What Just Happened in Automation?

We are in an automation revolution, driven by AI and people working hand in hand. And when news like the recent UiPath market cap wipeouts emerge, it creates a cognitive dissonance sparking a lot of debate. In my opinion, the inevitable is happening, but I am surprised how quickly it is happening. So let's break it down.

What Just Happened in Automation?

Late last year, I wrote a blog on RPA’s dirty secret while believing that it will take a few years for the markets to correct course, but the current conflict in Europe accelerated it in a way I did not expect. Today, robotic process automation (RPA) technology remains unsuitable for the masses. All the airport signs with the cute robots did excite the business travelers, but when the rubber hit the road, it was a hard technology to use. Why?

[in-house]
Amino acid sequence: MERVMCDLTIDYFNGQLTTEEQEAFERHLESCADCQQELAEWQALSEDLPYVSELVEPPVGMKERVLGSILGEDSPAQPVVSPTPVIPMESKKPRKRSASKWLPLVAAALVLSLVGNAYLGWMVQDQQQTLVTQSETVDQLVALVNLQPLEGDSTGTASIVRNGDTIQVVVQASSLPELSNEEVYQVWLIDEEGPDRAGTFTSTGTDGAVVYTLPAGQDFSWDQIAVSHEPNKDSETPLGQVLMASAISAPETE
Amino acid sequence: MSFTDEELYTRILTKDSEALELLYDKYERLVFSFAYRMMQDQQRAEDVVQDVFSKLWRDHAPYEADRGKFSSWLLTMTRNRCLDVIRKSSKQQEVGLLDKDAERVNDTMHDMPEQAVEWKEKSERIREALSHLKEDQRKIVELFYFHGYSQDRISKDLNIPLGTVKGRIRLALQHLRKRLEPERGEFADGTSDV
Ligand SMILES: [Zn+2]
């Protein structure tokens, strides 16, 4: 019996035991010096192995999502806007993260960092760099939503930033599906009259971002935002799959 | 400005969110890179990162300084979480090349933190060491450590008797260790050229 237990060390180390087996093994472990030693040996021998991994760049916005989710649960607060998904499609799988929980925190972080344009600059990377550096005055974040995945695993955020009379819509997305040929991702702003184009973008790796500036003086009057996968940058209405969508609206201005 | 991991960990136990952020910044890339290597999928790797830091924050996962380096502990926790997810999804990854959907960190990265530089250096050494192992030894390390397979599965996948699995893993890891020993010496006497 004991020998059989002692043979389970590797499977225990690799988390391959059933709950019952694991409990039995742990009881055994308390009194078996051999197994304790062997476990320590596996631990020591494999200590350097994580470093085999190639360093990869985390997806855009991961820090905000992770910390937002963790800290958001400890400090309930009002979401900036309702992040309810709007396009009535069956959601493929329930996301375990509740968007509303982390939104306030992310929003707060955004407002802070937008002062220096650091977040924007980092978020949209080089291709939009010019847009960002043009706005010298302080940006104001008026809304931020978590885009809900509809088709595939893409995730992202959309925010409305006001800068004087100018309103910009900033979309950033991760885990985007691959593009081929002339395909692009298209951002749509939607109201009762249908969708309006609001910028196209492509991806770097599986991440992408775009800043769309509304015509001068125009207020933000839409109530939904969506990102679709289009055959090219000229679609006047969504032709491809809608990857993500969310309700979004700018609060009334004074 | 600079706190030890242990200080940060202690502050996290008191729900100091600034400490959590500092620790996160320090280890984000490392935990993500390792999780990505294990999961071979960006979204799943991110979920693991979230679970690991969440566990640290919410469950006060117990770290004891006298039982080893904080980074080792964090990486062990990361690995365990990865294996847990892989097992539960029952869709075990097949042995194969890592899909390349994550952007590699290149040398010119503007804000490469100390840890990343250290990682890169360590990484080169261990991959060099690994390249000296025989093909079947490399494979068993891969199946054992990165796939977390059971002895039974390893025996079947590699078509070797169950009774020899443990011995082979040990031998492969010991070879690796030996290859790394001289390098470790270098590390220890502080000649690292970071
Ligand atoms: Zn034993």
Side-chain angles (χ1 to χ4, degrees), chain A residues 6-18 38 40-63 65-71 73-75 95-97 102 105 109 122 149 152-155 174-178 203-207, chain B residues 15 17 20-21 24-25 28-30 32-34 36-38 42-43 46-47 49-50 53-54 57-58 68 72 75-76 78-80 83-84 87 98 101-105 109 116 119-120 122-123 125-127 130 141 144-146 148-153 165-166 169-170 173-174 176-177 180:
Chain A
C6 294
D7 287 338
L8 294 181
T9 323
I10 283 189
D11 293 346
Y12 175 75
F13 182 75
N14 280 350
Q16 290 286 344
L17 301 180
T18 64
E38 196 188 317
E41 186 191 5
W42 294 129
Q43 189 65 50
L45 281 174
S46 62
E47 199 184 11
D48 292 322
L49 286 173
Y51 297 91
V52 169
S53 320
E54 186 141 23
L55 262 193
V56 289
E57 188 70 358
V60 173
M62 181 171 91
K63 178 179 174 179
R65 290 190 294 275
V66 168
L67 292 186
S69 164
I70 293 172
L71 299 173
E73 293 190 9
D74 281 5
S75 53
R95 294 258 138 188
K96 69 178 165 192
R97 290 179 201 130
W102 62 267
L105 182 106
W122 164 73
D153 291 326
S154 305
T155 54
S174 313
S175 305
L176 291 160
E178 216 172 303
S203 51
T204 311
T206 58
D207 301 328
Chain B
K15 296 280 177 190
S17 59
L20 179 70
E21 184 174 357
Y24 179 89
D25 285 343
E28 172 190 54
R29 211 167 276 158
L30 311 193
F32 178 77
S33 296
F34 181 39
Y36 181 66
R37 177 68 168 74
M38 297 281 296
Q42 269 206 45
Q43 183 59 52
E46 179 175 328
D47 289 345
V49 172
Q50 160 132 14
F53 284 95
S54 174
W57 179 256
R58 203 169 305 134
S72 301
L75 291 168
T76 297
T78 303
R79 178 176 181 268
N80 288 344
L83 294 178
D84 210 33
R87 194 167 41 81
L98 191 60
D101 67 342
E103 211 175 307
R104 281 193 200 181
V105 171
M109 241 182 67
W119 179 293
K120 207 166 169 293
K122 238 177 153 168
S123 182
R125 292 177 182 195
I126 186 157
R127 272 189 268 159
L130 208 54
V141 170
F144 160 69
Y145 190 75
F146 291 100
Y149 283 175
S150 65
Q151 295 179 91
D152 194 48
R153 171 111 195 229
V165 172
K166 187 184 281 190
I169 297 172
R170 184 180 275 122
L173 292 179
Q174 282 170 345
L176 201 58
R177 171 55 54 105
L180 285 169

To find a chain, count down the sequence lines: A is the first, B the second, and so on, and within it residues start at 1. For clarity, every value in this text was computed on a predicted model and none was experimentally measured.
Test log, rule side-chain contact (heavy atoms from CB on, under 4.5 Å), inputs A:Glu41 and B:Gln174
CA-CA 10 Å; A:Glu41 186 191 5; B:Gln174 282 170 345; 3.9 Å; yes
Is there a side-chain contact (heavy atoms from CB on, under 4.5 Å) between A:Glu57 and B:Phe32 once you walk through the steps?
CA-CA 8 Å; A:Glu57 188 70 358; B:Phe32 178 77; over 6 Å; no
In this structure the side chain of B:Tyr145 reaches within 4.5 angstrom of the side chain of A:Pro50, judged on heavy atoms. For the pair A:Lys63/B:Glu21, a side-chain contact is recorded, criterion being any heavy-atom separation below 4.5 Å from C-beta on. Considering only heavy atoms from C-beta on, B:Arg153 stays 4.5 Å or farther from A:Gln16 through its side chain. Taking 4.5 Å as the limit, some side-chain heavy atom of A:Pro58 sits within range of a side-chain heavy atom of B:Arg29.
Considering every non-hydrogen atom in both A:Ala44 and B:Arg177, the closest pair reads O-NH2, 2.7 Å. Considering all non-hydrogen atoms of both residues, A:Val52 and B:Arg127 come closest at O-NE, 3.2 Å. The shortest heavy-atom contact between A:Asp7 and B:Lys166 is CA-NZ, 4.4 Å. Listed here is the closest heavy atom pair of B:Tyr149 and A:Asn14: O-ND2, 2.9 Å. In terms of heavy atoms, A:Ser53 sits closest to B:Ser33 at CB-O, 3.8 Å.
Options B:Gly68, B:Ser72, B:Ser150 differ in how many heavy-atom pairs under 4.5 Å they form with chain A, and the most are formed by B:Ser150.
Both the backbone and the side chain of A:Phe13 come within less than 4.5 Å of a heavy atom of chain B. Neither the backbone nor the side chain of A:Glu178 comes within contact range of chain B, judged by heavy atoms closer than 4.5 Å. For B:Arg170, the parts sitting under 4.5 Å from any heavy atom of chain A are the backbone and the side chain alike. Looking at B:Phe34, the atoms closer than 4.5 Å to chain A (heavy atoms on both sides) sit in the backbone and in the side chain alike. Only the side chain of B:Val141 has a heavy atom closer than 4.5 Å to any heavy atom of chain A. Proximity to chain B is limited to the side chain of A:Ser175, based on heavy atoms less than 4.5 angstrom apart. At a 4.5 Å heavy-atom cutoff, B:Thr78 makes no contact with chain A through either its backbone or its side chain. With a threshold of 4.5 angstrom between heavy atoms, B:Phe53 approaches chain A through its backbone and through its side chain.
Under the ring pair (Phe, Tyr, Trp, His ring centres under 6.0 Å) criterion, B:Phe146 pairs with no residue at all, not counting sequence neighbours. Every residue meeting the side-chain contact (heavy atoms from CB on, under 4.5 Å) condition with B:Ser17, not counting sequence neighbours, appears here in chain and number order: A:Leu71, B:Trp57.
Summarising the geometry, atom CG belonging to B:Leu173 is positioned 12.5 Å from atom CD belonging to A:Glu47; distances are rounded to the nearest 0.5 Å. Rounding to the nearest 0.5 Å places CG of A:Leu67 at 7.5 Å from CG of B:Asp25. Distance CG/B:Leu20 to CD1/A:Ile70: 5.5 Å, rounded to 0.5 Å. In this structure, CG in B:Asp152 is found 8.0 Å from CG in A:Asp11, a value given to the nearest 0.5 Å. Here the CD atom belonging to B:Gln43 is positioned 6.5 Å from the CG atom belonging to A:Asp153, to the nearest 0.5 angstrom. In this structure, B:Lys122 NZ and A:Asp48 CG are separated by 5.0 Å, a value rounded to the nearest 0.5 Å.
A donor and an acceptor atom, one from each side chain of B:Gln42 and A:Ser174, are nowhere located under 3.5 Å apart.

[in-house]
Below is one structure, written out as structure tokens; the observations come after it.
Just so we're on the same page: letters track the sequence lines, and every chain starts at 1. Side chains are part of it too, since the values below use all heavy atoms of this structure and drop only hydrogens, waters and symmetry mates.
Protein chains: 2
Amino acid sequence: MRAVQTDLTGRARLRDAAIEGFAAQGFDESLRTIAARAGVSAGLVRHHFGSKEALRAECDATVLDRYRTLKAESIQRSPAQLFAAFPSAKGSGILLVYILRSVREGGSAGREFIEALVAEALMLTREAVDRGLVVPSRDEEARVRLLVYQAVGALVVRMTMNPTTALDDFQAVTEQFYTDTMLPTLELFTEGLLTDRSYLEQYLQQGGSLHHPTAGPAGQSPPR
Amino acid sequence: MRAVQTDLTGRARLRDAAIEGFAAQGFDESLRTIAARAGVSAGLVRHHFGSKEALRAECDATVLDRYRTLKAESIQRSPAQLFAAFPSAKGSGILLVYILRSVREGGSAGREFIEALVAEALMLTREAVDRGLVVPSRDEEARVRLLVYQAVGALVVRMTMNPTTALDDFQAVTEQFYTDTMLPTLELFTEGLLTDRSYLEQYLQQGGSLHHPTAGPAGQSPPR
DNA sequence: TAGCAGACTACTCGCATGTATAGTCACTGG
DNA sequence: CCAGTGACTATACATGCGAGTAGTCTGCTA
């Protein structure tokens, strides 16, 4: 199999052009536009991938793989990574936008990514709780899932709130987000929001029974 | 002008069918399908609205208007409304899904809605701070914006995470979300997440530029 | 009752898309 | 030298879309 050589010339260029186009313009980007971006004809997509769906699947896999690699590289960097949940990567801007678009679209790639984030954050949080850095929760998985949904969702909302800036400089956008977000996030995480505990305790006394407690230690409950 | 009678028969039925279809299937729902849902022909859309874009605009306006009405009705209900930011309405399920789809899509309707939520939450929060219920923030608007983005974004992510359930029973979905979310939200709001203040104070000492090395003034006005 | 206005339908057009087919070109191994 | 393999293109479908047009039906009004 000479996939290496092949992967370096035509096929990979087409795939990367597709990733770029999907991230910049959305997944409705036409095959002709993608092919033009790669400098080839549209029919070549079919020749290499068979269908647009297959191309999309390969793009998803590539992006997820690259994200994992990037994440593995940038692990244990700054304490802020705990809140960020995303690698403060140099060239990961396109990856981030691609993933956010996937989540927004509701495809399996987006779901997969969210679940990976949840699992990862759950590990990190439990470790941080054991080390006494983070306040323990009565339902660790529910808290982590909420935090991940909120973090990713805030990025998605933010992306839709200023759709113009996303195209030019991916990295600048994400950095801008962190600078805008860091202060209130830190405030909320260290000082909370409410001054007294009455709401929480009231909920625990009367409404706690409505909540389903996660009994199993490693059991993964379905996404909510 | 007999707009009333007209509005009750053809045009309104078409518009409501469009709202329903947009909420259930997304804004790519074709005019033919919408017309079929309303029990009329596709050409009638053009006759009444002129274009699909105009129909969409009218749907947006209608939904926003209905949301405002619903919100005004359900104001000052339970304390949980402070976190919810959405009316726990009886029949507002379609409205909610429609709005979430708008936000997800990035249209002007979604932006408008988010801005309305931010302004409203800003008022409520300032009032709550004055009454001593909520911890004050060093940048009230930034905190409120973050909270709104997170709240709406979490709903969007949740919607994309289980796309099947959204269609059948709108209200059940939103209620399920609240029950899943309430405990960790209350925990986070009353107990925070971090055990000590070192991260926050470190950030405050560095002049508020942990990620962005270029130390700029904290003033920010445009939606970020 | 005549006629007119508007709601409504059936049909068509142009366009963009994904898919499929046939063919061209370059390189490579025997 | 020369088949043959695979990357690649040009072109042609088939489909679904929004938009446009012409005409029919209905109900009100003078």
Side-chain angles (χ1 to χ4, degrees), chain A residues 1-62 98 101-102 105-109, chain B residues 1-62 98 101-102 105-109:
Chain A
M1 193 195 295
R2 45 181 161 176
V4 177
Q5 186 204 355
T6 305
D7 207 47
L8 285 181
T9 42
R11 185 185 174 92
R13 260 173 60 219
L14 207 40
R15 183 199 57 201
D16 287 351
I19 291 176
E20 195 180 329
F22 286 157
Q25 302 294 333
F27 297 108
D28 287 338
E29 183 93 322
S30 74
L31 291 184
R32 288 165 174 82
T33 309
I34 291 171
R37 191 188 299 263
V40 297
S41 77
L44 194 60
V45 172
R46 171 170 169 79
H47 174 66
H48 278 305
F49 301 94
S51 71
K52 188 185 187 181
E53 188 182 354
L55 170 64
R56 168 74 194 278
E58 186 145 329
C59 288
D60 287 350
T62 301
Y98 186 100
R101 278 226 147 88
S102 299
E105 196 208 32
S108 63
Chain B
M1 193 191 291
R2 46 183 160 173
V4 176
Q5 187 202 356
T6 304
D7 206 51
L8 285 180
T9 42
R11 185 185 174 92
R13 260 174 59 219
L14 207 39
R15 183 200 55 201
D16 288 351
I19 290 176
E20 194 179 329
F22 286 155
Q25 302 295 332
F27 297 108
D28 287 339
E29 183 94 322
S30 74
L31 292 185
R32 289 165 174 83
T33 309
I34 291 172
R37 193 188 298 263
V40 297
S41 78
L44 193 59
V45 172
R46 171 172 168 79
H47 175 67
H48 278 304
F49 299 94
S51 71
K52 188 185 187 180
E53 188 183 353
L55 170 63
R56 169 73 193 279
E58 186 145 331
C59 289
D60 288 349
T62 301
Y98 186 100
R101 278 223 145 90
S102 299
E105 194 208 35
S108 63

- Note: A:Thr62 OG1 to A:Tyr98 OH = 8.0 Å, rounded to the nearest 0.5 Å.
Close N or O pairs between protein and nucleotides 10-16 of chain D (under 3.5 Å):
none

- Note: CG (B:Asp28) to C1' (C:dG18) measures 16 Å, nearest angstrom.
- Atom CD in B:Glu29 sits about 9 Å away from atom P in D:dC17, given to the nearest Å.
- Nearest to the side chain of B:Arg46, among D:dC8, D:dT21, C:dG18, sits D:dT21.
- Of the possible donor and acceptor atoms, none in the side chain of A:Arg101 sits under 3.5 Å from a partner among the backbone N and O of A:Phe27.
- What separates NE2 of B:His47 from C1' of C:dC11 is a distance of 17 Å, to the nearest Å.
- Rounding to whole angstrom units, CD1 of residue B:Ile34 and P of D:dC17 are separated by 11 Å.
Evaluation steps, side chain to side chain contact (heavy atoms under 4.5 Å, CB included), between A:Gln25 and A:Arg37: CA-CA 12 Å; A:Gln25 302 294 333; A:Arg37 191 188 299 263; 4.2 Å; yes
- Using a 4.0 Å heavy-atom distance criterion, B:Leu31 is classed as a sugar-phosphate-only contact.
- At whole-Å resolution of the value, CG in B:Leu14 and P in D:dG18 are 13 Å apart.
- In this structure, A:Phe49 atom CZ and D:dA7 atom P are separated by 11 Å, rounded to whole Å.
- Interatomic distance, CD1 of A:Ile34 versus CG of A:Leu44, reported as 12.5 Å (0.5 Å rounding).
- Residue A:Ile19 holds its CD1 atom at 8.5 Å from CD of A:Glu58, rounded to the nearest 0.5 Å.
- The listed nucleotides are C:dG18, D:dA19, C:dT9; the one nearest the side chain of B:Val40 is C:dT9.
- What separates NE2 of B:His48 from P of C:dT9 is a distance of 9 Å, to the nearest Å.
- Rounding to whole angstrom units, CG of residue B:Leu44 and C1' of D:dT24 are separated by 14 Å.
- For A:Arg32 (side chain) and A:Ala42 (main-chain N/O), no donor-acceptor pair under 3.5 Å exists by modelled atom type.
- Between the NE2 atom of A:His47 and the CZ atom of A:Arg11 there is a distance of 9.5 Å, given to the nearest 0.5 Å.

• We needed expensive process discovery and specialized tools and languages
  • We needed automation specialists to do any meaningful automation
  • And at the end we got brittle results which often ossified a piece of the business that became harder to change and expensive to maintain over time

That brings me to the perfect analogy for the situation, YouTube.

You may ask, “What does YouTube have to do with any of this?”

automation industry rpa

Prior to YouTube, video content creation and distribution required:

  • An expensive video camera
  • A technical professional who knew how to use the camera artfully
  • A channel for distribution of the video content; this was normally owned by a large media giant.

Today, armed with just our cellphones and YouTube we can immediately create unique content and share it .. and it goes viral. Gone is the steep barrier to entry to create, consume, and recreate. Also gone is the complexity at scale as YouTube solves this for us.

So what just happened?